Addressing the social determinants of health is an important foundation for the health and wellbeing of our citizens. The fundamentals of life such as access to clean water and safe waste disposal; social and affordable housing which provides enough space, good oral health delivered via the NHCS with active interventions, clean air and efficient heating; education to achieve universal literacy and numeracy; jobs that protect health and ensure adequate income; and an environment which promotes healthy transport, green spaces and public amenities should all be assessed and developed as a holistic approach to public health. We support the child poverty abolition target for 2020.

This has implications for the service:

  • Chief Medical Officers and District Directors of Public Health need to be professionally independent.
  • They would be required to report annually on the health and health inequalities of their populations and their recommendations on priorities.
  • Communities and our relationships with them and between them and the statutory sector are key to health protection and resilience. The SHA is committed to creating the conditions whereby communities can increasingly share decisions with the statutory sector, thereby increasing confidence and health.

Three  Secondary Recommendations: 

  1. EXPLORE A MIXED ECONOMY IN PRIMARY CARE

There are advantages and disadvantages to the independent contractor status. The SHA would recommend a trial of a mixed economy, where in some areas, primary care is salaried and in others as it is now, the benefits and risks to be evaluated.

  1. COMMIT TO DEMOCRATIC, ACCOUNTABLE AND TRANSPARENT HEALTHCARE

Co-production is the process of working with NHS users. This applies at a macro level, planning local and national NHS services in collaboration with citizens and users; it also applies at an individual level in the consultation between patient and clinician where shared decision-making takes place.

  • A commitment to responding not only to needs as defined by clinicians, but needs as defined by users, carers and citizens. We see the process as a meeting of experts – the NHS offers its clinical expertise. The patient is an expert on their own strengths – and the impact of ill-health on them.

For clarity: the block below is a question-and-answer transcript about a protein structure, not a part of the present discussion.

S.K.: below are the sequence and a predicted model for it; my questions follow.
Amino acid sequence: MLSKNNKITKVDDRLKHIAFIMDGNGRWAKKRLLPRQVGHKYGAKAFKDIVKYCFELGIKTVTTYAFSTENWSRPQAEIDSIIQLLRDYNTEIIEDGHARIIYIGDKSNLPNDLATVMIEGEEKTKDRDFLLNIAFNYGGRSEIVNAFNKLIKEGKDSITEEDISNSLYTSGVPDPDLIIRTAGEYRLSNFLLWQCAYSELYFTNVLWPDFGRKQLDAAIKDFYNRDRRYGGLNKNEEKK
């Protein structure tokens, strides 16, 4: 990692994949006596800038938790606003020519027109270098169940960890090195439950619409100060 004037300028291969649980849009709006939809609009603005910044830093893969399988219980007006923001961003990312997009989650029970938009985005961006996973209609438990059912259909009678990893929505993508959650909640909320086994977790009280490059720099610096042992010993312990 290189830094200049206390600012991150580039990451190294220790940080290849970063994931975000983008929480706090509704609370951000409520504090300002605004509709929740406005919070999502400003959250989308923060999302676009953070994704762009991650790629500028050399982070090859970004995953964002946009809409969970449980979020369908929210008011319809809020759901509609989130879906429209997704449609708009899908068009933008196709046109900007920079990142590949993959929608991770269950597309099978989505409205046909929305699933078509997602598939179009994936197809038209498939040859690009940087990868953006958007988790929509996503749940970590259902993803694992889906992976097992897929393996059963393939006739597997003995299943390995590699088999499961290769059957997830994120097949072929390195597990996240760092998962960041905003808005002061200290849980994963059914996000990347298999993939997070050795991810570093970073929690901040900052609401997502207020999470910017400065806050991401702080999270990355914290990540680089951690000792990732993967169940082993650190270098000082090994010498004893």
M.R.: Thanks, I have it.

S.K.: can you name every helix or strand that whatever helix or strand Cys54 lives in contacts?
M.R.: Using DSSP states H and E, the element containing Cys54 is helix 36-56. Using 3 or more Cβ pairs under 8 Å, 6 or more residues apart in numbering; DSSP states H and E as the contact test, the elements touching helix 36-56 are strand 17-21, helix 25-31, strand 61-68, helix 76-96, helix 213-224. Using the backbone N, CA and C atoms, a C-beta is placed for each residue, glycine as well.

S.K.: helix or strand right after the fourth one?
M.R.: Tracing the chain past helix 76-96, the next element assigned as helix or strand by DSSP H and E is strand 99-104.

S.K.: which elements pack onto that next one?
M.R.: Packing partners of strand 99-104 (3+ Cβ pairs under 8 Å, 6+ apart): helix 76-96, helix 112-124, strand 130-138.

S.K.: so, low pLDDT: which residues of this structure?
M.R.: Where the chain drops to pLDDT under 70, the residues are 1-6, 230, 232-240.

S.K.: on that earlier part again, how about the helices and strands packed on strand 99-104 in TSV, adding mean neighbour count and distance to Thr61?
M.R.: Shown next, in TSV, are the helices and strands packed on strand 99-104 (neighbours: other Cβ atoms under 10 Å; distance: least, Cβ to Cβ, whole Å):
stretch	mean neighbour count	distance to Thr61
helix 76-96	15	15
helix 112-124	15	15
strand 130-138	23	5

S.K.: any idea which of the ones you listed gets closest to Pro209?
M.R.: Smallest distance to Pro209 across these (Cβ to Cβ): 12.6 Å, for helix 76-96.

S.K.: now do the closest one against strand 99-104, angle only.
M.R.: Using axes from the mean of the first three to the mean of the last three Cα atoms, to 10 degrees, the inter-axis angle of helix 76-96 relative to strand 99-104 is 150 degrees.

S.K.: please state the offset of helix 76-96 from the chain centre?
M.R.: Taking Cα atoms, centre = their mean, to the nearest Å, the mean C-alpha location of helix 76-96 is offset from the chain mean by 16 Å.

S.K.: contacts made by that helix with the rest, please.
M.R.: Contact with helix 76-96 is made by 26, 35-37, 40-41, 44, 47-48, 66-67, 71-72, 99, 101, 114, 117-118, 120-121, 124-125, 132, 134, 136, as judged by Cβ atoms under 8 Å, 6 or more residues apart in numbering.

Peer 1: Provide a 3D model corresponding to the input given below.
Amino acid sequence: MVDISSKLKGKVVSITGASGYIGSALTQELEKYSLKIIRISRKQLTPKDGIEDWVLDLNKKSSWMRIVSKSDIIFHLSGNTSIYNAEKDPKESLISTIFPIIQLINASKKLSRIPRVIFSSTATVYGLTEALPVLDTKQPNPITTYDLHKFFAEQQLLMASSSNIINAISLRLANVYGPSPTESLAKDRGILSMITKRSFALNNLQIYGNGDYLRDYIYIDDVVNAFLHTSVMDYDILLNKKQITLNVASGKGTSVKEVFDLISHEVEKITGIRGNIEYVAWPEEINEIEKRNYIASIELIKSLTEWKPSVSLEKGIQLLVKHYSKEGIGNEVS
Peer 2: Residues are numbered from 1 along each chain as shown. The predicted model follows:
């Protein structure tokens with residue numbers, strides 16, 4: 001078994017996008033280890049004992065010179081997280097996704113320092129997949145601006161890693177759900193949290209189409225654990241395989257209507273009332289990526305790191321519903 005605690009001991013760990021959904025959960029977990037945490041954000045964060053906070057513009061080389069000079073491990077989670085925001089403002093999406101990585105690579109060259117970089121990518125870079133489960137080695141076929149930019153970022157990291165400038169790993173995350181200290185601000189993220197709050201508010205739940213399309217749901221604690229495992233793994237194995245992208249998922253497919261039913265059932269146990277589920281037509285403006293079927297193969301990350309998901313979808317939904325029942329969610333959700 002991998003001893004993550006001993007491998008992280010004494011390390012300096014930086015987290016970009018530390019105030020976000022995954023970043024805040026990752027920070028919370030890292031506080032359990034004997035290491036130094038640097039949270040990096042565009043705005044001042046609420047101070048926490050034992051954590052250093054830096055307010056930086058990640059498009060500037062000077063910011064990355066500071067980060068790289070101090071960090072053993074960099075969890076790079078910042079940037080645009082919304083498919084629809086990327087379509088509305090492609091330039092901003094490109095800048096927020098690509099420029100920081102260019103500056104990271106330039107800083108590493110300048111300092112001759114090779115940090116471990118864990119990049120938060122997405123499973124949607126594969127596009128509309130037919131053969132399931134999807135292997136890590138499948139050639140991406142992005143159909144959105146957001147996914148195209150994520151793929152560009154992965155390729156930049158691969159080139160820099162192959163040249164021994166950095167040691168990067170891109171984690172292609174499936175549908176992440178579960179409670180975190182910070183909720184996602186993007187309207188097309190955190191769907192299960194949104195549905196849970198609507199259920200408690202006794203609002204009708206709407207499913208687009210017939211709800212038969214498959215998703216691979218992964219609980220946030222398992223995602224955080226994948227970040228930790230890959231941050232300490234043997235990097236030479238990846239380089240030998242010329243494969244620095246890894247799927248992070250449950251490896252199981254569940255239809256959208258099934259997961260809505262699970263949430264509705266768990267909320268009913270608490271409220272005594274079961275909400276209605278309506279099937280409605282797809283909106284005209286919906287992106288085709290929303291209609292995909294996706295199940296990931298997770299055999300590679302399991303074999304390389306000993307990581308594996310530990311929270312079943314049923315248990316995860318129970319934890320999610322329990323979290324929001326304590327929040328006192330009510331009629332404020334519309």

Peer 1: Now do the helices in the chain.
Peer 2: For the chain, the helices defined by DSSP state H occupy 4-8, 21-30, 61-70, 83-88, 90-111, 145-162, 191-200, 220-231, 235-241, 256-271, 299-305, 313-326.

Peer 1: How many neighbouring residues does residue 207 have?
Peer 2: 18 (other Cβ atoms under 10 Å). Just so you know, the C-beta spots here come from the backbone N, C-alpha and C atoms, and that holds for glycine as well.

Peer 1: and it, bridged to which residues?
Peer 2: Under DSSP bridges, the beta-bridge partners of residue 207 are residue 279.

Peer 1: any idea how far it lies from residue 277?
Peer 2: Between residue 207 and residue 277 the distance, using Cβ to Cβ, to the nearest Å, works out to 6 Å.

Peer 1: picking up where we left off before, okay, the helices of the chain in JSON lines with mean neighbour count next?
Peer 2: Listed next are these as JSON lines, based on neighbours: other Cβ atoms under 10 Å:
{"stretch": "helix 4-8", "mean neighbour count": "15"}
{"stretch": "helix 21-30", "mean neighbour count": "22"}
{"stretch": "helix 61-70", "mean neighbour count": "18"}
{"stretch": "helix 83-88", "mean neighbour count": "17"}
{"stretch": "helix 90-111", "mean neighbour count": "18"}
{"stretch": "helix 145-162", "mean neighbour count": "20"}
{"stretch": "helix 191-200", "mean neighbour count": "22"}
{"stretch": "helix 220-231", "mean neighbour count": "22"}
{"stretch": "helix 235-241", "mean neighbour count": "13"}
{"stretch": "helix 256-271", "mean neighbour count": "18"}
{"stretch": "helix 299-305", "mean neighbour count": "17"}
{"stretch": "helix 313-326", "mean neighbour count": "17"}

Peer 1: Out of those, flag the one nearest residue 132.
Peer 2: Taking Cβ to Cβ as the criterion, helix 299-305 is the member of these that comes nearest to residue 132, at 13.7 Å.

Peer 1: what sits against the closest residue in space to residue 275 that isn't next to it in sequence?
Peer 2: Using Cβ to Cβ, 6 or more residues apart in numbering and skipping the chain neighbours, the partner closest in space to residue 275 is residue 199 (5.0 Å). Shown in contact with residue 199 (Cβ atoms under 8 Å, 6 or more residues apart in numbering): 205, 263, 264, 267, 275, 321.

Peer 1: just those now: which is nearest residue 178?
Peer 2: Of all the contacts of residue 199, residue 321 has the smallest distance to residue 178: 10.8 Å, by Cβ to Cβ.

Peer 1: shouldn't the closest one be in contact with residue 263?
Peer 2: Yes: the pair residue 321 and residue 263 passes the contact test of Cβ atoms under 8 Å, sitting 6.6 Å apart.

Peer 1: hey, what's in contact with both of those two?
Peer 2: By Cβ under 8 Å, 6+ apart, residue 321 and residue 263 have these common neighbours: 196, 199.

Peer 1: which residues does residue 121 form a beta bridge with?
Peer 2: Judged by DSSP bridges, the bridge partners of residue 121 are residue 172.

• The community can, with help, identify key issues that matter to them and work with the statutory sector to address those issues – evidence shows that this process protects health. Community development is one key mechanism.
  1. BREXIT AND THE NHS AND CARE SERVICE

The NHS and social care are utterly dependent on labour from overseas. Without them the NHS will struggle. We would like to see recruitment and employment of staff from the EU and other countries allowed. We want Labour’s policy on Brexit to focus on the economy and free movement.

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6 Comments

  1. John Wattis says:

    Mostly good stuff. I am not sure about the 10%GDP for health and care funding. I think around 8.6% would take us to the European average of healthcare spend (though Germany and France are, I think over 10% on healthcare alone); but I don’t know how much would be needed to provide truly comprehensive social care. Also I rather like the idea, floated by Roy Lilley amongst others of separating health and social care funding into a new National Insurance scheme. Let’s see what Labour comes up with!

  2. Alan Rogers says:

    John, Why do you fear matching the %GDP spend of France and Germany?
    In fact .. because Germany has a larger GDP their per capita spend should be far higher even if we matched them in %GDP.

  3. Rita O'Brien says:

    I assume you want to end the “marketisation” of the NHS as well as privatisation – no more tendering of services. Need to make this clear – Labour MPs dont always seem to see this.

  4. Adrian Mercer says:

    I support all the recommendations in this proposal. Personally, I’d be a bit stronger on the privatisation agenda, in all its forms, and the need to beef up democracy in more innovative ways using digital techniques, but that aside its all good stuff.

  5. Valerie Mainstone says:

    There needs to be an explicit acknowledgement that attempts to run bits of the NHS for profit have failed, and that the true costs of the NHS are whatever it takes to provide good service for patients, and to provide correct terms and conditions of employment for NHS workers.

  6. Clare Jones says:

    Good as far as it goes. I’d like to see an explicit mention of Public Health funding and commissioning in the social determinants piece, or somewhere. Public Health – for instance Health Visiting, School Nursing and breastfeeding Support – is currently being devastated by the £400m public health allocation cuts.